Latin America is developing into that sizable, predictable part of the world market of medical devices, and that would allow foreign manufacturers to have sustainable commercial operations. The Latin American market for medical devices and equipment is worth an impressive $30 billion.
It’s always difficult to enter a new market. Many factors can diminish success. Still, the risk can be worth the reward. According to Global Health Intelligence (GHI), deep epidemiological, demographic and market shifts are taking place in that hemisphere, and demand grew sharply for certain types of equipment between 2016 and 20173:
This blog post examines strategies and trends to consider when breaking into the Latin American market. First, I’ll address some common mistakes, and how they can be overcome, and then I’ll look at trends shaping Latin America moving forward.
#1 Don't Start in Brazil or Mexico
Most companies first enter Latin America through its largest markets, Mexico and Brazil. However, these countries are costly and complicated pilot markets for a regional entry strategy.
Brazil is Latin America’s most complicated, bureaucratic business environment, with onerous local regulations, a myriad of taxes to report, costly labor regulations and social taxes, a high cost of capital, expensive real-estate, poor infrastructure, crippling traffic, and a conflictive legal environment. Most entries take about three times longer to reach positive returns in Brazil versus any other Latin American market.
The Mexican market is far easier to enter than Brazil, but as a result, the competition is a lot fiercer. Mexico’s political class remains stuck in an age of bloated corruption. The smarter move may be to start in a mid-size or even small Latin American market — such as Colombia, Peru, Panama, Guatemala, or even Argentina — where the learning curve is less costly, and competition remains weak, but red tape is not too onerous.
#2 Be Sensitive to Language and Culture
Latin America has the third-largest economy in the world by GDP, with a health care expenditure comparable to that of China or India1. The region is home to over 600 million residents in over 30 countries, and almost all speak either Spanish or Portuguese. These languages are closely related to the point of general mutual intelligibility, resulting in a high localization return on investment for the foreign manufacturer.
#3 Don't Award Market Exclusivity to a Single Distributor or Agent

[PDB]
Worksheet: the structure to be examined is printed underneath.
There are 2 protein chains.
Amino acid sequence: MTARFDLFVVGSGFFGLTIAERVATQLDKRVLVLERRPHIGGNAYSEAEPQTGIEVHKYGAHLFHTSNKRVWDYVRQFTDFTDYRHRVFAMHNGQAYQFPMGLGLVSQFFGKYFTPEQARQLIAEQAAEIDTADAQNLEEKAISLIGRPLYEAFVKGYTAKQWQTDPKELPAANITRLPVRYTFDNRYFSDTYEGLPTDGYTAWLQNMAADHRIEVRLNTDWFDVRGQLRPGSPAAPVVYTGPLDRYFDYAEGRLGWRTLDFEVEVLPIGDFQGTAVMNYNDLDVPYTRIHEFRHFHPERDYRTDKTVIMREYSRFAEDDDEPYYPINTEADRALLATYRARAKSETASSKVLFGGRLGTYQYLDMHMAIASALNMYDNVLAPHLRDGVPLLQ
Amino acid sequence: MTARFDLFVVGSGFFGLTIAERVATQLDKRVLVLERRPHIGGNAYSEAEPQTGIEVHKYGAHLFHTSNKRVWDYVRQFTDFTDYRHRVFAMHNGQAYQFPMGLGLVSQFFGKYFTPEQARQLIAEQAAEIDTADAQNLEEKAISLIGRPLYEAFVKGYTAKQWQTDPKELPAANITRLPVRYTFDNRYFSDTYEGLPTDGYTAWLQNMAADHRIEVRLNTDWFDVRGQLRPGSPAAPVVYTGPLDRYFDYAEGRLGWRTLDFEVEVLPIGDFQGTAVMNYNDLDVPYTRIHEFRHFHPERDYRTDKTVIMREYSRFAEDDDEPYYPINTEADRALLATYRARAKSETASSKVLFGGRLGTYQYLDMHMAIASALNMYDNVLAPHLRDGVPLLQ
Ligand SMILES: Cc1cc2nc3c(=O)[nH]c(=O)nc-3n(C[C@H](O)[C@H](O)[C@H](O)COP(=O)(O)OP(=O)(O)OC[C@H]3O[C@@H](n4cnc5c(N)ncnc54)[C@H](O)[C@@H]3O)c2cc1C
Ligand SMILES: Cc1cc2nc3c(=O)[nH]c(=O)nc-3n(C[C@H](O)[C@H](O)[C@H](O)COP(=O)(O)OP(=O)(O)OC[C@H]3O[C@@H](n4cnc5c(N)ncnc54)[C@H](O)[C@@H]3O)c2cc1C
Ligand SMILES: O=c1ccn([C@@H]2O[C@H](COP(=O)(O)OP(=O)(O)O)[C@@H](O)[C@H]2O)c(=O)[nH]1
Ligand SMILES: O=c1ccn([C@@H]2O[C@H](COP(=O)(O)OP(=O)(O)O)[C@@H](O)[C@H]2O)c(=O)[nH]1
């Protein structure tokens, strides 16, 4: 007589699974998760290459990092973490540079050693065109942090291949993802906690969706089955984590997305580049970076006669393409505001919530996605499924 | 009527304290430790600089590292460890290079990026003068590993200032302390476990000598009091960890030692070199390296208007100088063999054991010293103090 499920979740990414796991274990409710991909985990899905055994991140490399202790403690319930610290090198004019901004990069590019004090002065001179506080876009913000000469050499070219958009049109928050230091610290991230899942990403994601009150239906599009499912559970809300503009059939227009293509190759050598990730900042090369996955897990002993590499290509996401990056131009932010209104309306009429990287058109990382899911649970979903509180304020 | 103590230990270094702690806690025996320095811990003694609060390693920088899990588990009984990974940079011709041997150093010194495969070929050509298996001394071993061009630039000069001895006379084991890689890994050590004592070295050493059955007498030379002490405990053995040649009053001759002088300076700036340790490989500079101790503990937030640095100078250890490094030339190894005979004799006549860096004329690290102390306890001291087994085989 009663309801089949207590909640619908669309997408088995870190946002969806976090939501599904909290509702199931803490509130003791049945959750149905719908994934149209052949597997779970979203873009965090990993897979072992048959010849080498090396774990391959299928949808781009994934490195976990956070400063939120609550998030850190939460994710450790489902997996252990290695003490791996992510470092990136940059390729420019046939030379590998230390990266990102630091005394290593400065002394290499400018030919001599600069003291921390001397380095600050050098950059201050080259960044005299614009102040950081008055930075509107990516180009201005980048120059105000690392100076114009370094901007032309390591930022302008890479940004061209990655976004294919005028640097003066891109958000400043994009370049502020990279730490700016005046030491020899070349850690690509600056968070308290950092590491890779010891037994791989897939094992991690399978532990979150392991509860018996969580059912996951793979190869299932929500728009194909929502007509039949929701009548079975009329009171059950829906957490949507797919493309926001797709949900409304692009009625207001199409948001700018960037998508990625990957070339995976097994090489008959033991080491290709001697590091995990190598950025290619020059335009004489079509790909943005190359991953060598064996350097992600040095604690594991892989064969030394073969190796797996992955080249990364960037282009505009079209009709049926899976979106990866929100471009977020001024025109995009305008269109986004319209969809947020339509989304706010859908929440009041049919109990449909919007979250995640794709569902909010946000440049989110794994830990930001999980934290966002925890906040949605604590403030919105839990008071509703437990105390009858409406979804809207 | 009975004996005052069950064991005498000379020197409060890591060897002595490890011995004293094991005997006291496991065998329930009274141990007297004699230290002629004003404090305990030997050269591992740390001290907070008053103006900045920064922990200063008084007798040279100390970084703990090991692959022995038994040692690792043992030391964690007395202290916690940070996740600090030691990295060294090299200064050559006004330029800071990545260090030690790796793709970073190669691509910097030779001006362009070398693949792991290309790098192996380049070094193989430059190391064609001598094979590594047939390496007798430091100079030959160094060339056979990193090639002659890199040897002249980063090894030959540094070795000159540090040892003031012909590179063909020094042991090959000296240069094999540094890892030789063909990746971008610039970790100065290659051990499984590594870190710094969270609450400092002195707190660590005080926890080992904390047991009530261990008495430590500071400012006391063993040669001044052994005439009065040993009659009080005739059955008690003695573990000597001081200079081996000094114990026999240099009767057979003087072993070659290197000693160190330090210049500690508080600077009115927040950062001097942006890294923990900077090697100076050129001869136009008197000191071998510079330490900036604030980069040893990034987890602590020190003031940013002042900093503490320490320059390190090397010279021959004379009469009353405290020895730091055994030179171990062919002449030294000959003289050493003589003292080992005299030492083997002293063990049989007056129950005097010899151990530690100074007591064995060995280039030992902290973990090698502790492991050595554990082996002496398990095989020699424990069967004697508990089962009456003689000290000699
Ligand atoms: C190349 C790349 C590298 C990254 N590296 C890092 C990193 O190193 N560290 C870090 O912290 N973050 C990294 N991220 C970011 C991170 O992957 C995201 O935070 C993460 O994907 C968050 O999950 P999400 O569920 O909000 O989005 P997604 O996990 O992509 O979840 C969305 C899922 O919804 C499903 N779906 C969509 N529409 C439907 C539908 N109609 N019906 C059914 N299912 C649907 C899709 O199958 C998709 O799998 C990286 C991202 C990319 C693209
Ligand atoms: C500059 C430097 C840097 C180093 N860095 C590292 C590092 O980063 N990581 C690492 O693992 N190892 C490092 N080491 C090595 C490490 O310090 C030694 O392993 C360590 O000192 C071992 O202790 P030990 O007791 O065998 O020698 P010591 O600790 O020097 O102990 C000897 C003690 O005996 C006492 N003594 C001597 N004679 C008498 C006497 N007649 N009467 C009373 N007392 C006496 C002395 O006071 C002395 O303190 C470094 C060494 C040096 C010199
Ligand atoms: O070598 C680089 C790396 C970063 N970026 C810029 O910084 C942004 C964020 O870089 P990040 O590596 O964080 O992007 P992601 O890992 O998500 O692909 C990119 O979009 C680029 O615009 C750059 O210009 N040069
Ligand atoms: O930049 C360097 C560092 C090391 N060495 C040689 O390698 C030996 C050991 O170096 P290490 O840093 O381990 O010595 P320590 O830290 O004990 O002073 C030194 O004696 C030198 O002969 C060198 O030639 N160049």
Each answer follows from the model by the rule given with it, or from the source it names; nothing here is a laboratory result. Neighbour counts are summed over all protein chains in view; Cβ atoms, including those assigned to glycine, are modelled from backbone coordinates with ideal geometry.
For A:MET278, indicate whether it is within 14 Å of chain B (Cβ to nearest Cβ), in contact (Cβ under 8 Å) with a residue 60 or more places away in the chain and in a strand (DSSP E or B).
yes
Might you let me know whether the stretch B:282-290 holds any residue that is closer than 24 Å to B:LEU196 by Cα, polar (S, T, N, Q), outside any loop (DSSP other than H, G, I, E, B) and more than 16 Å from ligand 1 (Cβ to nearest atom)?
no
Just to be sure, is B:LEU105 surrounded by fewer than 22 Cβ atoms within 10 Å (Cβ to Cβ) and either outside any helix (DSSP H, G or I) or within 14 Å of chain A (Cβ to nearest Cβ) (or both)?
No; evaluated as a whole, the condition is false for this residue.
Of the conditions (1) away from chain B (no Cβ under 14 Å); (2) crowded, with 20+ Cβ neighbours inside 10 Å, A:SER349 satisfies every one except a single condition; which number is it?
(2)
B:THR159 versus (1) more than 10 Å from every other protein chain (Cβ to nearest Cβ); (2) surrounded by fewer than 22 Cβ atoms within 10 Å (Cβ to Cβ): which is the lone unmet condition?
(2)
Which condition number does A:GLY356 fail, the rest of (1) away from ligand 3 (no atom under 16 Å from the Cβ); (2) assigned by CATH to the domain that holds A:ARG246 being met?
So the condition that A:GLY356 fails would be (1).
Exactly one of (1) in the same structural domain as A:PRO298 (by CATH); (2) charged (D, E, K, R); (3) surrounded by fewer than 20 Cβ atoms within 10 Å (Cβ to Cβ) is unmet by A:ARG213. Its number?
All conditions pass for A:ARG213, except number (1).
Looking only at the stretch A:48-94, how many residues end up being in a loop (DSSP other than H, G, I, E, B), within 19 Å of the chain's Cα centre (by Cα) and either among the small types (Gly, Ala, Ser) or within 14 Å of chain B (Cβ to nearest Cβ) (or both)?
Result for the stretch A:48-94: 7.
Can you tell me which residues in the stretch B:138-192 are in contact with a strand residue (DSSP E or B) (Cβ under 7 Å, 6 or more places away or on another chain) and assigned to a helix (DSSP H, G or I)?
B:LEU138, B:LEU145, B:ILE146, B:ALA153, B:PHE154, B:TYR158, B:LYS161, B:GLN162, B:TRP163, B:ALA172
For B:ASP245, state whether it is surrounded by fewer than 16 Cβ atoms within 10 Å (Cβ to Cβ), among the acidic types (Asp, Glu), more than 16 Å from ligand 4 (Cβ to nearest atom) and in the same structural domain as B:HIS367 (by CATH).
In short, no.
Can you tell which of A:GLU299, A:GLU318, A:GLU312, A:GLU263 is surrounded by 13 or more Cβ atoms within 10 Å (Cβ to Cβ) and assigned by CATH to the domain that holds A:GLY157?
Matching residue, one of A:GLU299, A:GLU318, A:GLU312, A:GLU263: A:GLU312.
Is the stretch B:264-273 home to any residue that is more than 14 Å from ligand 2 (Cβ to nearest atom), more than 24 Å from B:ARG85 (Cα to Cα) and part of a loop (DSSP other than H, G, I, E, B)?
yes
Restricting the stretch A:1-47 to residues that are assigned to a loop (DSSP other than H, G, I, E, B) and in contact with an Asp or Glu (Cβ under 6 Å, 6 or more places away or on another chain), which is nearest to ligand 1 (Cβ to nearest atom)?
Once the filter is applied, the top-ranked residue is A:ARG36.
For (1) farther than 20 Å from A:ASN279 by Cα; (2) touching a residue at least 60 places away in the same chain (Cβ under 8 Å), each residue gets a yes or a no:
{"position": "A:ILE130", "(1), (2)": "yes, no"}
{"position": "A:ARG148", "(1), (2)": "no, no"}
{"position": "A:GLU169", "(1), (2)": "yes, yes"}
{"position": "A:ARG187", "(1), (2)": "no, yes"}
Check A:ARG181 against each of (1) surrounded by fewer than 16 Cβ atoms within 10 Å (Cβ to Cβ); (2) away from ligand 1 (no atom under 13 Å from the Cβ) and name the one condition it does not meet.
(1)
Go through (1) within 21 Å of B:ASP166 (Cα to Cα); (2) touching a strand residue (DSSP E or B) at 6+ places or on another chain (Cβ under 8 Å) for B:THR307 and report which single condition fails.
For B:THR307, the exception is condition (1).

Most Latin American markets are highly centralized, with anywhere from 60-90 percent of wholesale activity centered in the capital city. However, three countries are not structured as such: Brazil, Colombia and Mexico. In those markets, it is almost impossible to find a distributor with true national coverage and reach — though they might insist otherwise when you meet them at a trade show.
You should consider engaging multiple distributors in a country divided by region, sales channel, or client category. Exclusivity of any kind should be tied to minimal sales goals. It’s key to conduct due diligence when choosing a distributor in the Latin American region. Many foreign manufacturers loosely choose their distributors at trade shows — relationships that usually end in disappointment when distributors don’t meet their sales quotas.
You can’t afford to wait three years to determine whether your distributor was poorly chosen, and nothing inspires performance like competition. If you have multiple distributors in a market, and they are aware of one another’s performance, then your likelihood of success is high. If you are at the mercy of one distributor, your probability of underperformance is worrisomely high. Latin American markets represent nine percent of the world’s GDP and 10 percent of the global population2. You should expect the region to capture no less than 9-10 percent of your company’s global sales.
Distributor choice also affects your regulatory strategy. Consider the case of Colombia; its national regulatory agency — INVIMA — requires foreign manufacturers to name one importer of record in their registration application. However, if you choose a distributor as your importer of record, you will be limited to having only one distributor in Colombia — as opposed to having several distributors, covering the whole country. Thus, it is advisable that foreign manufacturers with more than one distributor in Colombia, choose a third-party logistics company as their importer of record.
Along with 2016-2017 growth data, Global Health Intelligence (GHI) identified the following trends in the Latin American region3.
#1 Obesity and NCDs Expand